Eating Disorders and Divorce


To begin, we will talk about the main three eating disorders generally as I believe they have more similarities than differences. Eating disorders are bio-psycho-social illnesses, in that there are biological (medical, physiological and genetic factors), psychological (temperament, mood, anxiety, personality) and social (family dynamics, trauma experiences, societal influences such as the media, etc.) aspects to them. Briefly, eating disorders can be conceptualized as a person’s struggle to identify, connect with and/or express feelings. The client does not experience a sense of agency in multiple areas of his/her life and thus does not feel as though he/she has a voice, letting the body (or symptoms) speak for him/her instead. As stated in multiple literatures, the experiences held in the body (covert) become the client’s unspoken voice via the eating disorder symptoms (overt).


Anorexia Nervosa, Bulimia Nervosa, and Binge-eating Disorder are the three most commonly seen and treated eating disorders. Anorexia typically manifests as a client restricting his/her food intake drastically, and is often accompanied by a pre-occupation with exercise. Bulimia involves episodes of binge-eating (eating an amount of food unusually greater than an average meal), followed by episodes of purging (emesis) or other compensatory behaviors (restricting, laxatives, exercising excessively, etc.). Binge-eating disorder involves binge-eating episodes without any compensatory behaviors to follow. The obsession with food, body image, and a general sense of self-loathing and feeling out of control tend to accompany all three.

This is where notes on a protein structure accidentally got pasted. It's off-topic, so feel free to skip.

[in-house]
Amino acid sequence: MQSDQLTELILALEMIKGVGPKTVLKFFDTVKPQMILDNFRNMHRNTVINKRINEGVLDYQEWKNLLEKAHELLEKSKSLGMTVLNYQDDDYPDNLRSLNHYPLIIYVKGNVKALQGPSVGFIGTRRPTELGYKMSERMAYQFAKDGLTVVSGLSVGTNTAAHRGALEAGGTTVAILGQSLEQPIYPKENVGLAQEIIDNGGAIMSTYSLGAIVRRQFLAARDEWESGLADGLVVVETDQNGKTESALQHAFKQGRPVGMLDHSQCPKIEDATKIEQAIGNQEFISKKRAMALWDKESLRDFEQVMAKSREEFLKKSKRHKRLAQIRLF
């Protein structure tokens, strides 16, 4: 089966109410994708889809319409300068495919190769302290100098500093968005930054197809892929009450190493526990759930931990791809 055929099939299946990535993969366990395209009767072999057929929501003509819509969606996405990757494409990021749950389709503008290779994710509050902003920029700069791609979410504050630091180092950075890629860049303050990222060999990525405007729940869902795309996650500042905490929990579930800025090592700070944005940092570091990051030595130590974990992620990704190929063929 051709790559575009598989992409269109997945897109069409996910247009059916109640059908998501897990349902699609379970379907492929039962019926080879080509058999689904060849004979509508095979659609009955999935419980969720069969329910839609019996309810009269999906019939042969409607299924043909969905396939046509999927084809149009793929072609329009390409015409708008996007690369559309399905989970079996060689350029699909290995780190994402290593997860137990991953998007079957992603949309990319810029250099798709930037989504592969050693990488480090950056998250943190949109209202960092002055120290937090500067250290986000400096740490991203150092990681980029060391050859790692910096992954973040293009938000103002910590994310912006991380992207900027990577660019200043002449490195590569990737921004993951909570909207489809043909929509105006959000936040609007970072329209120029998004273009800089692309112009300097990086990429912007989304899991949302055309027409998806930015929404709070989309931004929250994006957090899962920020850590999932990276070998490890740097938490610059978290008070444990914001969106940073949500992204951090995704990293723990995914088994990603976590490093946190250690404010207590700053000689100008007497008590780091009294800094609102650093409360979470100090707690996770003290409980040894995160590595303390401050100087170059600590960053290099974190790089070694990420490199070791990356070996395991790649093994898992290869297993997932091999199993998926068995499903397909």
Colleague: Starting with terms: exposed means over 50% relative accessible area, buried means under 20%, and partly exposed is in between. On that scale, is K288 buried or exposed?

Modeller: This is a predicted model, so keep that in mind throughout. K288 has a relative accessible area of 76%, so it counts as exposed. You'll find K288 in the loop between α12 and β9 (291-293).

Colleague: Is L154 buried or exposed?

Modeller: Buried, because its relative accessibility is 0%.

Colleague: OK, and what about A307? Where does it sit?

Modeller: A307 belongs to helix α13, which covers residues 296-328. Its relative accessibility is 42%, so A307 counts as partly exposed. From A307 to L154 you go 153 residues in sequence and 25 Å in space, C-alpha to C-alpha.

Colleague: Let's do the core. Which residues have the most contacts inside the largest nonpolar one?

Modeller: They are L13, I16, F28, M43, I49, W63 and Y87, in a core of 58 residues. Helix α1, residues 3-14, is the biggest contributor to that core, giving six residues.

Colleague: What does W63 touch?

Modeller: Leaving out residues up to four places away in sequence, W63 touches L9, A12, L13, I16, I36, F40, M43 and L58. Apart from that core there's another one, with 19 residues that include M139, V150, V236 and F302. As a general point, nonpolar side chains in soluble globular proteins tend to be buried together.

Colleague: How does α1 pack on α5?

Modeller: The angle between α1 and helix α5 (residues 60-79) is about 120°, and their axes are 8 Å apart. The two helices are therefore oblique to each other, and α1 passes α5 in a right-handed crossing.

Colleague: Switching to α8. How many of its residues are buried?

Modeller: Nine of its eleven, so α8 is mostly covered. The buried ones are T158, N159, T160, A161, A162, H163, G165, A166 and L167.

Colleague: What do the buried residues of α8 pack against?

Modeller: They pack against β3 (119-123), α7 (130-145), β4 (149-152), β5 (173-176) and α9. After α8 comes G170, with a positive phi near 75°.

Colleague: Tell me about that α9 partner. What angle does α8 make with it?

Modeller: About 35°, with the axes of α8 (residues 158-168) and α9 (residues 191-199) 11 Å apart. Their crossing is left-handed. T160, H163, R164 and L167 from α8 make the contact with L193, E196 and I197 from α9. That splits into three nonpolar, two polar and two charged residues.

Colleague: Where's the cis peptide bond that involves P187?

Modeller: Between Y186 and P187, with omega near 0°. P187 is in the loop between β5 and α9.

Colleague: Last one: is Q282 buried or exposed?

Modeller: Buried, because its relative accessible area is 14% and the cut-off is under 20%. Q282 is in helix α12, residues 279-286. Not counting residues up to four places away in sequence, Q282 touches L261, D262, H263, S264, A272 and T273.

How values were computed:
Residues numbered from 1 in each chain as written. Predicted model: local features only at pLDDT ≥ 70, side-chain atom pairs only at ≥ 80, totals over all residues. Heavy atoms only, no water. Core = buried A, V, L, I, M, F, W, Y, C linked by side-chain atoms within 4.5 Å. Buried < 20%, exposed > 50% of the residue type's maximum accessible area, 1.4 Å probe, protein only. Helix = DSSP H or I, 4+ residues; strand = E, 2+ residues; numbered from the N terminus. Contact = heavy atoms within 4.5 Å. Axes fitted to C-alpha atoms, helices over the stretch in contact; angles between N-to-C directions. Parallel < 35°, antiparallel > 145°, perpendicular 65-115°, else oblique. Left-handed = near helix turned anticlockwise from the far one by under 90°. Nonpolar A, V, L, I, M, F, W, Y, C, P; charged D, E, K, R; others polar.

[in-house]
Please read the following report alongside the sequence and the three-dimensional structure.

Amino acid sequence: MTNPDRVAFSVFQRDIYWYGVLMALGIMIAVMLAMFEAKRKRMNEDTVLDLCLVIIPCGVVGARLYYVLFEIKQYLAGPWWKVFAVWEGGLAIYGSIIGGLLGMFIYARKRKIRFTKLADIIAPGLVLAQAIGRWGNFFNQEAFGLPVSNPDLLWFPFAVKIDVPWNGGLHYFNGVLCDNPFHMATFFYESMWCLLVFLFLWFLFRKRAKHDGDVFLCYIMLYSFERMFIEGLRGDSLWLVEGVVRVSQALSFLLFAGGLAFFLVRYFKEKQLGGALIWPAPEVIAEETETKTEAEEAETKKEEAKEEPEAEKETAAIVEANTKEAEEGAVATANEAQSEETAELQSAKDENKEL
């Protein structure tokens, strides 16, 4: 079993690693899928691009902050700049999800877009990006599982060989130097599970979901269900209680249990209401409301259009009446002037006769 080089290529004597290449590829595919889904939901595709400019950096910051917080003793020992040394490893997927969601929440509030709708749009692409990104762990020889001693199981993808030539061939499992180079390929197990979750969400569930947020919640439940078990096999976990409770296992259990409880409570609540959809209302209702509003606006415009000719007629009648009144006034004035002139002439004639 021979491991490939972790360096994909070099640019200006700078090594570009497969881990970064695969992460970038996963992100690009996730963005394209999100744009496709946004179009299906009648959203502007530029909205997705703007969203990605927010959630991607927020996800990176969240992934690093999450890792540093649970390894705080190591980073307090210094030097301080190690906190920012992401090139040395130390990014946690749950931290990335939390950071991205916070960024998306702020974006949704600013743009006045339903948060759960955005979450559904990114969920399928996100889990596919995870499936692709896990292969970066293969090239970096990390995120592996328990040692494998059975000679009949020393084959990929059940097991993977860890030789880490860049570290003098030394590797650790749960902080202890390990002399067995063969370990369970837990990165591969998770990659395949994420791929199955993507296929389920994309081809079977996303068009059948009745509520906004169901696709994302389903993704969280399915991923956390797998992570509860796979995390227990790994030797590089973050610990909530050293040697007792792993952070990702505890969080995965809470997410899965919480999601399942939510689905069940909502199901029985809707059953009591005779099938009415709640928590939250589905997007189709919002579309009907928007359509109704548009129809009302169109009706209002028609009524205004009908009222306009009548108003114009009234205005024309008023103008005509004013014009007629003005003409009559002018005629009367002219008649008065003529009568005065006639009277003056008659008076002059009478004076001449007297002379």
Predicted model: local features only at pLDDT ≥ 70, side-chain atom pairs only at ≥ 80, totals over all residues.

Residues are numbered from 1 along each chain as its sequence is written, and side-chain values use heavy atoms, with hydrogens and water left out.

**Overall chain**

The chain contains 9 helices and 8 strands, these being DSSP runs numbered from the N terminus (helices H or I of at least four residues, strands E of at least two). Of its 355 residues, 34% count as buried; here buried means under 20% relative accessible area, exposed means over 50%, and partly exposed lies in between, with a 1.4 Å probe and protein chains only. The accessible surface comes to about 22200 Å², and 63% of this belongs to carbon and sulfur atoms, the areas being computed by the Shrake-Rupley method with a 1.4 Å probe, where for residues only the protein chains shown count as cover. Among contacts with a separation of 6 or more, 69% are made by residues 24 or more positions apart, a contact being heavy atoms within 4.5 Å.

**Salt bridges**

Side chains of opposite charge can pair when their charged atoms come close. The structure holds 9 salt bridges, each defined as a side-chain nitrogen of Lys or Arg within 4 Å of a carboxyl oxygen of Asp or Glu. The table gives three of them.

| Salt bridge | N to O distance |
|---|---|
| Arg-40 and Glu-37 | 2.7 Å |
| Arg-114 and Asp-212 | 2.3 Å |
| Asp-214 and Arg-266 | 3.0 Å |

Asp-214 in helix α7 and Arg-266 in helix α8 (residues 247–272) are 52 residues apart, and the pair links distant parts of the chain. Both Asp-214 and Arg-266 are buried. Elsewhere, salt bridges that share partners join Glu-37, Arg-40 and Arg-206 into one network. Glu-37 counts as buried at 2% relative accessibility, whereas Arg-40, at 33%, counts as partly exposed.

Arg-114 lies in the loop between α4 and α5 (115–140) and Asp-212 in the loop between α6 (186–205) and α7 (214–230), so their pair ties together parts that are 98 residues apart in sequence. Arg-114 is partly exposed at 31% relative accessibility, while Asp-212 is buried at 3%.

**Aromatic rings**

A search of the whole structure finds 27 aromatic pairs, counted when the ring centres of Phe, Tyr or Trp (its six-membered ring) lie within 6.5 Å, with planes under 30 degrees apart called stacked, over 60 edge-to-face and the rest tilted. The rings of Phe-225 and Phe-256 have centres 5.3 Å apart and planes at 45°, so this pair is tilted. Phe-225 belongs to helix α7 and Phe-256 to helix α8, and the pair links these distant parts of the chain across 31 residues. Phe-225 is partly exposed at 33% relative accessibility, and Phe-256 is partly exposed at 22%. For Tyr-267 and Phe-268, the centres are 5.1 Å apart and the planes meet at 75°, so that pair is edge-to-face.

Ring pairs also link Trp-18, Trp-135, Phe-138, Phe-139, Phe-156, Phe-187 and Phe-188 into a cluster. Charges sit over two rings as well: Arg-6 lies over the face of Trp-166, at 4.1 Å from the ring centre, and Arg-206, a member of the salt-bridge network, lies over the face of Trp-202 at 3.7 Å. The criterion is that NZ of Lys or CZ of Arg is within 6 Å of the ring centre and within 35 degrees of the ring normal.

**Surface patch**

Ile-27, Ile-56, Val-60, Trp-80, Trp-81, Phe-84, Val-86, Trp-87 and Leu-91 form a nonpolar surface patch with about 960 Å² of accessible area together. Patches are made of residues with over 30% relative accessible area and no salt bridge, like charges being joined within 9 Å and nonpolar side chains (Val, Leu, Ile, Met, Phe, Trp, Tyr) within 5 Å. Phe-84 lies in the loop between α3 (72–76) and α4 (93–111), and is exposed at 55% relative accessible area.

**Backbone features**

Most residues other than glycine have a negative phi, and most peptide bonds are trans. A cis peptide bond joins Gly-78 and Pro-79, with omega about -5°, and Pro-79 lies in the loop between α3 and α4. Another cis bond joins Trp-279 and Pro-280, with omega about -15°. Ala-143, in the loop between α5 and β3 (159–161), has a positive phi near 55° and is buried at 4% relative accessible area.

To conclude, hopefully I have shown that eating disorders are complex and about so much more than divorce in the family. Thus, DIVORCE DOES NOT CAUSE EATING DISORDERS. However, if you are experiencing divorce and do not encourage your children to have a voice, and to experience and express their feelings openly and without judgment, there is a greater chance of your child developing an eating disorder immediately or in the long term. Parents and other involved loved ones can engage in protective or harmful behaviors toward these children when in the midst of the unfortunate pain and chaos of divorce. Like recovery from an eating disorder, it is a choice.


I am a licensed marriage and family therapist, lead therapist of La Ventana Treatment Programs’ Eating Disorder Programs in Thousand Oaks, CA, and a private practice clinician at The New Beginnings Center in Camarillo, CA. Please, feel free to reach out if you have any questions or concerns. Thank you!

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